Ex-trooper gets 7 years in prison

Wes Crider's estranged wife asks for probation so he can help care for severly disabled son

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— During a day when Wesley Crider sobbed at times, the former state trooper showed no emotion when he was sentenced Friday to six years in prison for causing injuries that left his infant son in a "vegetative state."

After an emotional five-hour hearing, District Court Judge Joel Thompson sentenced Crider, 28, to six years in the Colorado Department of Corrections for abusing his son, and a seventh year for violating bail bond conditions.

"You did not protect and serve, but caused bodily harm to your family and a person of the public," Thompson said to the former member of the Colorado State Patrol. "I can't imagine any human being afflicting that type of bodily injury on a child."

According to an arrest warrant, Crider caused "extensive internal devastation" to the head of his then 9-week old son, Matthew, on the night of Jan. 14. Doctors testified that Matthew was shaken violently.

Crider received prison time for guilty pleas to two felonies: child abuse resulting in serious injury through criminal negligence and violation of a restraining order.

Thompson sentenced Crider to six years for the abuse charge, which had a maximum of eight, and one year for the bond violation. The terms are to be served consecutively.

Immediately after the sentence, was pronounced, Crider, who was dressed neatly in olive dress pants, a navy shirt and cowboy boots, was taken into custody by the Routt County Sheriff's Office.

Thompson sent Crider to prison, despite Crider's estranged wife's plea that he receive probation.

Due to Matthew's current condition, medical bills have piled up on Crider's wife.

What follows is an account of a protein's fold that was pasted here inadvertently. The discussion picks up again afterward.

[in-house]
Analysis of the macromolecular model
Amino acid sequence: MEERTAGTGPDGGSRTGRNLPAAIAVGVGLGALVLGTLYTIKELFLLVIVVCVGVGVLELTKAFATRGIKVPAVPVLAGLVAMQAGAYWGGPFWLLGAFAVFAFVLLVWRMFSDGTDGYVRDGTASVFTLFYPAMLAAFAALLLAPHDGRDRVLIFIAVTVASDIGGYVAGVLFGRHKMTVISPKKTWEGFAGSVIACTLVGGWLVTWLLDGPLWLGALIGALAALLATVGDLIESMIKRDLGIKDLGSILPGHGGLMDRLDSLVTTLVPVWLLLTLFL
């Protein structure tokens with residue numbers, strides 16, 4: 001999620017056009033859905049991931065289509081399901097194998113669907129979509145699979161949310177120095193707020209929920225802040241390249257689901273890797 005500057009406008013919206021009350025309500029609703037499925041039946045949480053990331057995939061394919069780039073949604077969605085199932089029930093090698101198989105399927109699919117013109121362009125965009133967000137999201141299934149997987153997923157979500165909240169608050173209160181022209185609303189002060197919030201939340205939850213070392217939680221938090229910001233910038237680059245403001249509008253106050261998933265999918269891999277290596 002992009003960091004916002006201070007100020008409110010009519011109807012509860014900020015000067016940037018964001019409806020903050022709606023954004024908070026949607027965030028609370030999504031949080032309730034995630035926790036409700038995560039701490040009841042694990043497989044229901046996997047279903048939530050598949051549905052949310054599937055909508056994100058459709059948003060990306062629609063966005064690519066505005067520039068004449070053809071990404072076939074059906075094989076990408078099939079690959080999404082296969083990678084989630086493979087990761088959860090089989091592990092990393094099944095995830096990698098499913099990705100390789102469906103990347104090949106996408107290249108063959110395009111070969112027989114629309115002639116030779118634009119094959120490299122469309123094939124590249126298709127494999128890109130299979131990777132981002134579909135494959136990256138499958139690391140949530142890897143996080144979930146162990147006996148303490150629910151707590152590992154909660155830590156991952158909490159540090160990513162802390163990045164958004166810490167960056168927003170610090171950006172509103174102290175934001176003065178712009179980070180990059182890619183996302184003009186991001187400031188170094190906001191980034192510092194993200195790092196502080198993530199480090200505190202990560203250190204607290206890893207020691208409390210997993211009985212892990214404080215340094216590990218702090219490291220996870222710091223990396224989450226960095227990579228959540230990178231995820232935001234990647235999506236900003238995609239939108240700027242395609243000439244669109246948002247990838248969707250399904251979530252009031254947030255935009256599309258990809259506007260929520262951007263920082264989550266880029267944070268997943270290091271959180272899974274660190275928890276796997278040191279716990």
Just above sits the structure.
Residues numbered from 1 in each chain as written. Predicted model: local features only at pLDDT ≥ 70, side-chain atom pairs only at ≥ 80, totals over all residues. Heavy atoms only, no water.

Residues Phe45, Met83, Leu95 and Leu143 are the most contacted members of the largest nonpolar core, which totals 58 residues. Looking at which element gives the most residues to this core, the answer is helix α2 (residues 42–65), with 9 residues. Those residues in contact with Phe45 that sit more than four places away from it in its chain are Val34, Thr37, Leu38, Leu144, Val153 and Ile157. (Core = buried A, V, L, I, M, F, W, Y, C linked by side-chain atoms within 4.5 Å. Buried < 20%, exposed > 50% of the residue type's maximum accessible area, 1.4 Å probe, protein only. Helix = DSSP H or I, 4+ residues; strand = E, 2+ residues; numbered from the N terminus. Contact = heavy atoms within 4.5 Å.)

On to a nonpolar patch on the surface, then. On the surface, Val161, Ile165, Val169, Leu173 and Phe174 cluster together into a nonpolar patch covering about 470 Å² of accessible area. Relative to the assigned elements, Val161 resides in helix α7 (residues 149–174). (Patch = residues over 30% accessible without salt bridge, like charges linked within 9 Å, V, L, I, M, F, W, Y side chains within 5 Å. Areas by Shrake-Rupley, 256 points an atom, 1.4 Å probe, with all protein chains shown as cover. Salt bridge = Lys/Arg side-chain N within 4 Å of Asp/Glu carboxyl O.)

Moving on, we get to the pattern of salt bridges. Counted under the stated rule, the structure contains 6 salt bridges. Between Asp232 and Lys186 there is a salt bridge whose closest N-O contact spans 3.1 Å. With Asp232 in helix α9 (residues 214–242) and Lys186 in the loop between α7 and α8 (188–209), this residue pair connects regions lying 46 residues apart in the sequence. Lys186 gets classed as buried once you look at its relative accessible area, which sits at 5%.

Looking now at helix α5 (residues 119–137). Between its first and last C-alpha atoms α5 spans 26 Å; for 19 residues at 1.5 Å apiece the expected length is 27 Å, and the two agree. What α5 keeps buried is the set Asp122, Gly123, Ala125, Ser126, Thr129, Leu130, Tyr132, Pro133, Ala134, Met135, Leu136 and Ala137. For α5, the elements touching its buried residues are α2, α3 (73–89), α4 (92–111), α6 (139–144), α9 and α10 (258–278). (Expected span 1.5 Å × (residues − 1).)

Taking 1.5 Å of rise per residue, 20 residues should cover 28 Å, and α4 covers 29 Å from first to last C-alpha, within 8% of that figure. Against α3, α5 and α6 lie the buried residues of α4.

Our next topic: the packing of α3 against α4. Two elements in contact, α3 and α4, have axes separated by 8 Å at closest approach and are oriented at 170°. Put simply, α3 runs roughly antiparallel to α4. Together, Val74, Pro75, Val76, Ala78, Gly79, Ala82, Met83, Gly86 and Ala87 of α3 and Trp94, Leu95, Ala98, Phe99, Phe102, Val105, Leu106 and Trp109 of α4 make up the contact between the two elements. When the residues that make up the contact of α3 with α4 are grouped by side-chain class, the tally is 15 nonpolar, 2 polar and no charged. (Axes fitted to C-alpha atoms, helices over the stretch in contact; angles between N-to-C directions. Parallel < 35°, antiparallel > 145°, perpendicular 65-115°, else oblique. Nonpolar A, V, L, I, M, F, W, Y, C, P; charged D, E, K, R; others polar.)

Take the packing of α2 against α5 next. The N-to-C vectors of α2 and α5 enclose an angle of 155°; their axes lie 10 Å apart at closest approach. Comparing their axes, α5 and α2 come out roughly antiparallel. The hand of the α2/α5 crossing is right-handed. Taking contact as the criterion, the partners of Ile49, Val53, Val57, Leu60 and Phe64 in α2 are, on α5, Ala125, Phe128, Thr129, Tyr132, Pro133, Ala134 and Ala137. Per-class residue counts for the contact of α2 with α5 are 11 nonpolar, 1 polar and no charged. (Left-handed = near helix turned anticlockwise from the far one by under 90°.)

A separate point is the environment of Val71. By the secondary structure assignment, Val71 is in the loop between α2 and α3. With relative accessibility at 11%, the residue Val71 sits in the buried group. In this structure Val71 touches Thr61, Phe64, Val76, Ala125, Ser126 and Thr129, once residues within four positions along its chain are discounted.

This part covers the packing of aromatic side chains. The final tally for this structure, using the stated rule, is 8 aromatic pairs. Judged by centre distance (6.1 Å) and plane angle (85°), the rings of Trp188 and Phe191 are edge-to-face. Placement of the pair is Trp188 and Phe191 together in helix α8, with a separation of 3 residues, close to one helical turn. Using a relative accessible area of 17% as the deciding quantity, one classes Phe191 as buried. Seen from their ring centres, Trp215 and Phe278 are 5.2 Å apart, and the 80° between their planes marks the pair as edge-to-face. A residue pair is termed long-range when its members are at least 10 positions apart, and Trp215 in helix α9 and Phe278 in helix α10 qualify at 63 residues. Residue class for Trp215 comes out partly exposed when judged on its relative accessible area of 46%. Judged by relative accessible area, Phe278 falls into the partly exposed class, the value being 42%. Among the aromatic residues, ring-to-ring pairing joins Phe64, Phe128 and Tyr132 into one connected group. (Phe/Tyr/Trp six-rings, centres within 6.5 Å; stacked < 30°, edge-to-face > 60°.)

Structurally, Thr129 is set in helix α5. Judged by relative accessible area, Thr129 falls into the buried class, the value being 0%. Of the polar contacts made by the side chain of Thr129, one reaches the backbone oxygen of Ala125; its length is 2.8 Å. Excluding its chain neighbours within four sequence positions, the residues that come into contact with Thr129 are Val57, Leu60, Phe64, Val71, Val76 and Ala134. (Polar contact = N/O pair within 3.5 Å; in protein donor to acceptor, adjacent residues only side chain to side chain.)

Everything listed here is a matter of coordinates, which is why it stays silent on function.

"It does not matter what happens," Jacquelyn Crider said. "It will not make Matthew normal. But I need money for Matthew. Wes can't help financially if he goes to prison."

Crider's attorney, Norm Townsend agreed.

"Wes Crider is a good man," he said. "He will not be able to help his family if he is in prison. He cannot make right what he has done sitting in jail.

"We have to move forward for what is best for society and also for his family."

During the hearing, Jacquelyn Crider took the stand as a witness for District Attorney Paul McLimans.

During more than one hour of testimony, she told the courtroom of Matthew's current condition.

"I have been told by doctors that in 20 years, Matthew will be a 20-year-old baby," she said. "He will not be able to do anything for himself.

"He does not function the way a normal 9-month-old should. He basically just lays there. I have no idea what the future holds for Matthew. Right now, he is a baby I care for. As he gets older, I'm not sure what I am going to do."

Jacquelyn Crider also testified that Matthew has eye problems, due to the injury.

"In his right eye, he can see bright light when it is directly shined in his eye," she said. "In his left eye, he can't see much."

During Jacquelyn Crider's testimony, her husband wept, especially when she described their son's condition.

Jaquelyn Crider also told the court of the couple's "rocky relationship" that involved an affair, her husband's repeated suicide threats and prior abuse of Matthew.

"The relationship was very rocky all along," she said. "The relationship was rocky when Matthew came along."

In November, Crider said she found out her husband was having an affair. She also told the court that on numerous occasions, her husband threatened to commit suicide.

"In March 1999, he put his service revolver in his mouth and told me to pull the trigger," she said.

She also testified that her husband treated their oldest son, 2-year-old Austin, differently than Matthew.

"He took Austin everywhere, even if it was to work on his truck," she said. "He adored Austin. With Matthew, he was very distant. It was not necessarily that he did not want anything to do with him, but distant."

The January incident was not the first time Wes harmed his son, Jacquelyn said. About a week before Christmas, she found bruises all over Matthew's body while bathing the infant.

"(Wes) told me that he had pinched Matthew because he was mad at me," she said.

To document the abuse, Jacquelyn took pictures of her son's injuries. The pictures were presented as evidence.